Top judge in favour of no-fault divorce


Sir Nicholas Wall, the President of the High Court’s Family Division, has given his backing to introducing no-fault divorces into English and Welsh law. He argues that modern values place little stigma on divorce and the practice of forcing couples to give a reason is outdated, meaning that there are no longer any good reasons for maintaining the current system. Instead, he suggests that divorce should be considered an administrative process, rather than a litigious one.

An old idea

This reform was first included as part of the Family Law Act 1996 but was never brought into force. Ultimately it was shelved in 2001 after campaigns from conservative groups who argued that it would encourage divorce and convinced the then Lord Chancellor that the plans were unworkable.

Speaking in the House of Lords Baroness Young said that, “no-fault divorce lowers marriage to something of less value than a television license.”

The issue was raised again in 2006 when Lord Justice Wall argued that the current system actually undermines marriage. His remarks were noted by the then Labour government but no further action was taken.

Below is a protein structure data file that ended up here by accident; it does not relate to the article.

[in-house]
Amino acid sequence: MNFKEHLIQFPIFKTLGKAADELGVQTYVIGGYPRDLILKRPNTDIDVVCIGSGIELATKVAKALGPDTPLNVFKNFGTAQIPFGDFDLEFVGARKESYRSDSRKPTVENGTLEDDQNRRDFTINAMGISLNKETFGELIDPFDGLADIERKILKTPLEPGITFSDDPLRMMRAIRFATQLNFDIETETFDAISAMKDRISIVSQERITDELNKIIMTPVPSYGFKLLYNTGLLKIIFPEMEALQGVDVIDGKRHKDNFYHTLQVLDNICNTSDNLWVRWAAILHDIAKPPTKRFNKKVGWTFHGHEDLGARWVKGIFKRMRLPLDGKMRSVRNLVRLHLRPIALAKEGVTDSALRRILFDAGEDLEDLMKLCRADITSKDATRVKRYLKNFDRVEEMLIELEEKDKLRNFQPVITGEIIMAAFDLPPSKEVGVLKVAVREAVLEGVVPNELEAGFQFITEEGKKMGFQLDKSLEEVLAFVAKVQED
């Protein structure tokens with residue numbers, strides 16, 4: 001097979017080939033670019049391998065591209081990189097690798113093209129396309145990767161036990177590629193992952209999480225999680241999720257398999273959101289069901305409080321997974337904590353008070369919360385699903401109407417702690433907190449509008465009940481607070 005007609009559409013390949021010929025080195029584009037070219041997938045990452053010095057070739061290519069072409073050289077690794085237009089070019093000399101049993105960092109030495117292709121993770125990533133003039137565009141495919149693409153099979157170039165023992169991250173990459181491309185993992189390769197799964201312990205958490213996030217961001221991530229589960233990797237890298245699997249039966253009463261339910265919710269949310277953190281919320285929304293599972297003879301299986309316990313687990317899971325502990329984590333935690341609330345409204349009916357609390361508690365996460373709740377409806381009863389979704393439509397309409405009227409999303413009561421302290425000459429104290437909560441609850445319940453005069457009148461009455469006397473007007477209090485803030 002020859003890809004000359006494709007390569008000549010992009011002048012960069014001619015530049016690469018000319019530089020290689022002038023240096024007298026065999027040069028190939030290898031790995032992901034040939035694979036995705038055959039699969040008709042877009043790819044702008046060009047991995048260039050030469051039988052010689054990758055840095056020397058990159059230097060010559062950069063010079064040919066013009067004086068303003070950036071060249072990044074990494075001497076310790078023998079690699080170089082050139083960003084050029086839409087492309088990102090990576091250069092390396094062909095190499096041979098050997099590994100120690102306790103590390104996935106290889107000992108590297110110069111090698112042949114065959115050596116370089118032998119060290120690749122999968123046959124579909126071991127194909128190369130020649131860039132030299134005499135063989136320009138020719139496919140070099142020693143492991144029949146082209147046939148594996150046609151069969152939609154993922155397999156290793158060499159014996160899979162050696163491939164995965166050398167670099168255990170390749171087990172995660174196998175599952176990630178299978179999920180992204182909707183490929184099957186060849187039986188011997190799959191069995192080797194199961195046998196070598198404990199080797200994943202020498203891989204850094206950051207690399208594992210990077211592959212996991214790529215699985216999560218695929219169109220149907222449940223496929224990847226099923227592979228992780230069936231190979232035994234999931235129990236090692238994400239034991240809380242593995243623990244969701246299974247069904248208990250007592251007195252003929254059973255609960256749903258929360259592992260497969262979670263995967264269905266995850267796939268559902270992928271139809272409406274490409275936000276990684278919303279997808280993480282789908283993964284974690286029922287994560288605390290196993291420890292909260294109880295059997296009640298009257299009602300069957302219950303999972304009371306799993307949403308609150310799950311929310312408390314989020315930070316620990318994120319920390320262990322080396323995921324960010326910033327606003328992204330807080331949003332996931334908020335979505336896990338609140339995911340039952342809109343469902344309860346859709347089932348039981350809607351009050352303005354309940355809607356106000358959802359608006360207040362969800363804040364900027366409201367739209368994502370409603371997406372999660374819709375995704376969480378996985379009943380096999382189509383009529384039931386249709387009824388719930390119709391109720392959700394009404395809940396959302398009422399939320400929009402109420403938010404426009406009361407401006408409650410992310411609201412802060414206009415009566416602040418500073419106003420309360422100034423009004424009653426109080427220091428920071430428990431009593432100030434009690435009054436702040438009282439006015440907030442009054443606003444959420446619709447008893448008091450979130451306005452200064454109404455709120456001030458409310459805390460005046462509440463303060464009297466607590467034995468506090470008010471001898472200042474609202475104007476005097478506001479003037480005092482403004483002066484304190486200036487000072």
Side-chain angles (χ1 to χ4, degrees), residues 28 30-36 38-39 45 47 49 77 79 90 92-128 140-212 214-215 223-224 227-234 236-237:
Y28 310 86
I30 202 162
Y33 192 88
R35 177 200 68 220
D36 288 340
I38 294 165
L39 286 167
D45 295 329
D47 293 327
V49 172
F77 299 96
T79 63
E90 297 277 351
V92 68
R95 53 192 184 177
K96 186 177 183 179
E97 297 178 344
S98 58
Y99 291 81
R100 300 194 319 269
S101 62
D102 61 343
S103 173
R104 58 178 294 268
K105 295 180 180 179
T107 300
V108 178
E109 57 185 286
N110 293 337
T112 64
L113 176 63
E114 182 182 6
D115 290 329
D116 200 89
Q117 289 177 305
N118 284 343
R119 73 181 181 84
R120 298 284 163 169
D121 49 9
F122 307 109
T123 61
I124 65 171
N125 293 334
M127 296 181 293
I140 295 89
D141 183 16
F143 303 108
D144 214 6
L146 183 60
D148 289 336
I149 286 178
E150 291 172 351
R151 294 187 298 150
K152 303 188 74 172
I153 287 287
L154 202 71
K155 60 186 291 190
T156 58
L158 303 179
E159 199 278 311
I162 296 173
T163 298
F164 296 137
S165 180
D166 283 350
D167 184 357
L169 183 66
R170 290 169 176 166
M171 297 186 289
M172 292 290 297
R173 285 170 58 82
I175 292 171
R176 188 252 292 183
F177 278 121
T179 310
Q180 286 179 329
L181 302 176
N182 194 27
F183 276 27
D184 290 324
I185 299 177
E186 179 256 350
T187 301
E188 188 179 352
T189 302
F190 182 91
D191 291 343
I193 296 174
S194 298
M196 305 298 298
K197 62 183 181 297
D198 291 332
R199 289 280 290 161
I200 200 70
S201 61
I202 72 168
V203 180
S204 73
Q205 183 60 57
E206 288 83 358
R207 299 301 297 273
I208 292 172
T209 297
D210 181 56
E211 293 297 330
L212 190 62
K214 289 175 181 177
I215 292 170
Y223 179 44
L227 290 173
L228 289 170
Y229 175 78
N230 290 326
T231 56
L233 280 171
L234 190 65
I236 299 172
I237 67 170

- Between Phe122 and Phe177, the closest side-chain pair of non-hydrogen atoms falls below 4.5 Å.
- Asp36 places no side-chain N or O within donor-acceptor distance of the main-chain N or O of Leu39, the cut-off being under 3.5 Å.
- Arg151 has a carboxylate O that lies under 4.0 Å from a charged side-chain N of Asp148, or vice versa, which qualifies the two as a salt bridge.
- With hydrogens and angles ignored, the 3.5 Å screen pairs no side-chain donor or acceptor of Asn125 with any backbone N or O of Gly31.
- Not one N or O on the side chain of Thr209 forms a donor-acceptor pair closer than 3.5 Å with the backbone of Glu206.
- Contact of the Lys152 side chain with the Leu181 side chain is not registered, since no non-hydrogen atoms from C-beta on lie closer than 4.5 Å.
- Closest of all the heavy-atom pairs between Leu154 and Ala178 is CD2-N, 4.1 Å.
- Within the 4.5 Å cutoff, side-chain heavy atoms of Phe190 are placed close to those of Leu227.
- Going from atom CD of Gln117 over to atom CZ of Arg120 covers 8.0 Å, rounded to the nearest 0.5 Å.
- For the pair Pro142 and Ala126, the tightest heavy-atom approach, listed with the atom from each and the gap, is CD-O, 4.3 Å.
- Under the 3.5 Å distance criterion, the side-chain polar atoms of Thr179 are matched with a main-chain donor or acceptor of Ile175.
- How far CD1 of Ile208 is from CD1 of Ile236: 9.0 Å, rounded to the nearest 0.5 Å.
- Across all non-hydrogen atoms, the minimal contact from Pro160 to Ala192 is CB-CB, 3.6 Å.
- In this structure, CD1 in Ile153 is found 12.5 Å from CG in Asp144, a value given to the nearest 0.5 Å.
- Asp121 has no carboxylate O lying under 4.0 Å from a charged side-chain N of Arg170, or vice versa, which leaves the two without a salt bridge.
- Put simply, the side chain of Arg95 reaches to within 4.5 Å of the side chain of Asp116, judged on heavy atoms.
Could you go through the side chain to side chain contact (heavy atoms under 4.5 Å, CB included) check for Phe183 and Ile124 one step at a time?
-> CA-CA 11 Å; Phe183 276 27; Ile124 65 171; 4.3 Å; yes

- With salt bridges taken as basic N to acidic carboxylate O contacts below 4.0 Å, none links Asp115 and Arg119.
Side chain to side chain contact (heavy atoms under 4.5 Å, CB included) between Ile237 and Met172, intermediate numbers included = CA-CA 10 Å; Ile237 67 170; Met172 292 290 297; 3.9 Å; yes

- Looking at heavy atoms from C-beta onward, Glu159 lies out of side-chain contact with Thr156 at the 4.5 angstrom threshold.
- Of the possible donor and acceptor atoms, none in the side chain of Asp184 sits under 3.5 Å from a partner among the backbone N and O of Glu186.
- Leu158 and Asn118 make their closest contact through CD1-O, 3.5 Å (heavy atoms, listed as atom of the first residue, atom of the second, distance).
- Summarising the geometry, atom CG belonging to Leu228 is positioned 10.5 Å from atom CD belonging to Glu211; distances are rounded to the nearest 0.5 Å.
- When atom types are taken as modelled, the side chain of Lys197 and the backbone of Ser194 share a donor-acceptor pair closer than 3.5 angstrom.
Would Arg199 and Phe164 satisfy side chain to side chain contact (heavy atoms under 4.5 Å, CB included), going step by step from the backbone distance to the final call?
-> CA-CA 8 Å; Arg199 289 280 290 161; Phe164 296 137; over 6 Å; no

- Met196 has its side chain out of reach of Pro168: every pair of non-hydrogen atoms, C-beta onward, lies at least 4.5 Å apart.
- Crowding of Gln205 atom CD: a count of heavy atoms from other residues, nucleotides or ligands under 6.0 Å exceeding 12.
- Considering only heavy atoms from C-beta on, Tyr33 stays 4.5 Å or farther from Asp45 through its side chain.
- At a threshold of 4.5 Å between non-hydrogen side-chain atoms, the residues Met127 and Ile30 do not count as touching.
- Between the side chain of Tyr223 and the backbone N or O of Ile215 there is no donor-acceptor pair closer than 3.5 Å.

Is the time right?

With the present Government’s focus on traditional family values and marriage the proposal is unlikely to make it into law. However, liberal-leaning people will be encouraged to see a return to this debate.

At present if a couple wish to obtain a divorce they must either prove adultery or unreasonable behaviour or wait for a period of two years in order to demonstrate their sincerity. Sir Nicholas argued that these criteria, “now seem to represent the social values of a bygone age”. Furthermore, he said that due to the Government’s cutting back on legal aid as part of its austerity package, there is likely to be an increase in the number of people who represent themselves. Consequently, the time is now right for a simplification of the law.

The Government has yet to comment on the matter but Conservative MP Julian Brazier told the Daily Mail that, “we already have no-fault divorce in all but name” and argued that the focus should be on the role of adultery or other faults when determining child access or the division of resources.


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